In reaching this holding and affirming the trial court’s dismissal of the action, the court distinguished the facts from two other seminal Florida cases on accrual of statutes of limitations, to wit: Peat, Marwick, Mitchell and Company v. Lane, 565 So. 2d 1323 (Fla. 1990) and Blumberg v. USAA Casualty Insurance Company, 790 So. 2d 1061 (Fla. 2001). In the context of accounting malpractice (Peat, Marwick) or negligence of an insurance agent (Blumberg), damages to the party who relied upon the professional did not occur (thus the cause of action for professional malpractice did not accrue) until an adverse judgment was entered in an underlying proceeding. Stated differently, there were no damages in Peat, Marwick arising from faulty tax advice rendered by the accountants until a tax court entered an adverse ruling against the client, and there were no damages in Blumberg arising from the insurance agent’s failure to properly procure insurance until a court determined that there was no coverage for the claim. Unlike accounting malpractice or negligence of an insurance agent, the court reasoned that no underlying judicial ruling was necessary to determine whether the appraiser had undervalued the property.

The court also rejected Llano’s public policy arguments. Specifically, Llano argued that using the date of funding as the triggering event for appraisal malpractice would “encourage the filing of premature, unripe, and unnecessary lawsuits against appraisers” and “will inexorably shield truly negligent appraisers” from claims. However, the court deferred to the state legislature to change the language of the statute of limitations. The court also hinted that there were practical considerations for not allowing the statute of limitations to accrue at some indefinite point in the future against appraisers. “Llano’s preferred rule would leave appraisers potentially on the hook for decades (imagine a foreclosure suit twenty-nine years into a thirty-year mortgage).”

A reality of litigation is that over time the memories of witnesses fade, witnesses move away, witnesses die or become incapacitated, and crucial documents and data are misplaced, lost, or destroyed. Although not cited in the opinion, an appraiser licensed in Florida is only required to retain his or her work file “for 5 years or the period specified in the Uniform Standards of Professional Appraisal Practice [USPAP], whichever is greater.”  Fla. Stat. § 475.629. Similarly, the records retention requirement under USPAP is five years “or at least two years after final disposition of any judicial proceeding in which the appraiser provided testimony related to the assignment, whichever period expires last.” USPAP 2016-2017 Edition, p. 11, lines 324-26. The community of appraisers might argue that allowing a lawsuit for professional malpractice against an appraiser to be brought at some point beyond the records retention requirements would be empirically unfair because the appraisers may no longer have access to the materials that formed the basis of their opinions or that could be used to exonerate them.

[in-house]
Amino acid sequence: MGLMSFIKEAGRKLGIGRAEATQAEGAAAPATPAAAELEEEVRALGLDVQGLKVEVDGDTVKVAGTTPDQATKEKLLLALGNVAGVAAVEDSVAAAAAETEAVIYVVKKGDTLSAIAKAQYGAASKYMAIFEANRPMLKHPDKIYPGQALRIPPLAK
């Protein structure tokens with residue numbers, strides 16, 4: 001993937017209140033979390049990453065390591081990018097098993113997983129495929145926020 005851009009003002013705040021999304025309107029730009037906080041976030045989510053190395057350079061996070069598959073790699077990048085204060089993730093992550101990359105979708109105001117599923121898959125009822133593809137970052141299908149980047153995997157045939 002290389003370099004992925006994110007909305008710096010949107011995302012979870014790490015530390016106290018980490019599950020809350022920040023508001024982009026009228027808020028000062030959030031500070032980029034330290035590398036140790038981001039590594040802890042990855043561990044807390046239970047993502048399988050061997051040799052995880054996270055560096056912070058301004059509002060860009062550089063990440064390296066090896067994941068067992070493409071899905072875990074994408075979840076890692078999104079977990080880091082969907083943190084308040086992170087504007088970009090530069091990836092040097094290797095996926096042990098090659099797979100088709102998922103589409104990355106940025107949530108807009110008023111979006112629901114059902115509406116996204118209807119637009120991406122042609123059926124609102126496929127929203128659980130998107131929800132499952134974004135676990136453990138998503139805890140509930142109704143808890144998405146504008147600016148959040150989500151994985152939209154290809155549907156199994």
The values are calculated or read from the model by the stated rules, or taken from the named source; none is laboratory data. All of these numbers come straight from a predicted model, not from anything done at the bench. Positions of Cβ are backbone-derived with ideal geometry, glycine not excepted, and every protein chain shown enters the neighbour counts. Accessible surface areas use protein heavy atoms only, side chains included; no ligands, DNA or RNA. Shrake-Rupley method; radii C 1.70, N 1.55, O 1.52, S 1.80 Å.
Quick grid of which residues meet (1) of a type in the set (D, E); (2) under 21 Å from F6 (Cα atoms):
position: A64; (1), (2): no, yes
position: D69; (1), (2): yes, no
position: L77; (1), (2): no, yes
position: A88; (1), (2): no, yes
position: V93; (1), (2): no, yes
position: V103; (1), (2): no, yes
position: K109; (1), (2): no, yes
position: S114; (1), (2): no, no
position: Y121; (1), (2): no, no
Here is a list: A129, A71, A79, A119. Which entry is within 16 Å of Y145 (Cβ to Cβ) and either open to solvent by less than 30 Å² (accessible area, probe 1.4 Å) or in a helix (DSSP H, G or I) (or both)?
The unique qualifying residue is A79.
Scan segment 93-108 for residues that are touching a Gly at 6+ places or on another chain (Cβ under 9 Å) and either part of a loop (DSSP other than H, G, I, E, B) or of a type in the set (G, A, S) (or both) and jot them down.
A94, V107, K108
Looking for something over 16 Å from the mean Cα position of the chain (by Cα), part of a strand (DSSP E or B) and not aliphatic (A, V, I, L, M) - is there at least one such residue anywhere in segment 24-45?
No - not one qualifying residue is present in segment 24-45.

While licensed appraisers in Florida may hail the Llano Financing Group case as a victory, banks and lending institutions are left wondering why disparate treatment exists between appraisers and other professionals in terms of accrual of the statute of limitations, particularly because banks and lending institutions have to rely upon the expertise of the appraisers like any other consumer of professional services.  Because the Llano Financing Group case holds that a bank negligence claim against its appraiser accrues when the bank funds the loan, banks and lending institutions need to be aware of its holding.

It is impossible to create fail-safe internal protocols, but banks and lending institutions can limit their credit risk to varying degrees depending upon the type of loan transaction and the amount of the loan by:

  1. Carefully vetting the licensed appraisers before adding the appraisers to any approved lists.
  2. Periodically reevaluating approved lists of appraisers.
  3. Instituting an appraisal review/second opinion process whereby another independent, licensed appraiser examines the appraisal report and provides a report containing his or her comments and thoughts, particularly on larger credit facilities.
  4. Identifying other collateral or sources of repayment that could be used to satisfy the loan.
  5. Monitoring and reevaluating the condition of the collateral during the life of the loan.
  6. Monitoring the performance of the loan.

[1] See Interagency Appraisal and Evaluation Guidelines, Federal Register, Vol. 75, No. 237, December 10, 2010; 12 CFR § 34.43 (“An appraisal performed by a State certified or licensed appraiser is required for all real estate-related financial transactions” with certain enumerated exceptions, including, but not limited to, when the transaction value is less than $250,000 or when the transaction value on a business loan is $1 million or less and the primary source of repayment is neither the sale of the property nor rental income derived from the property.).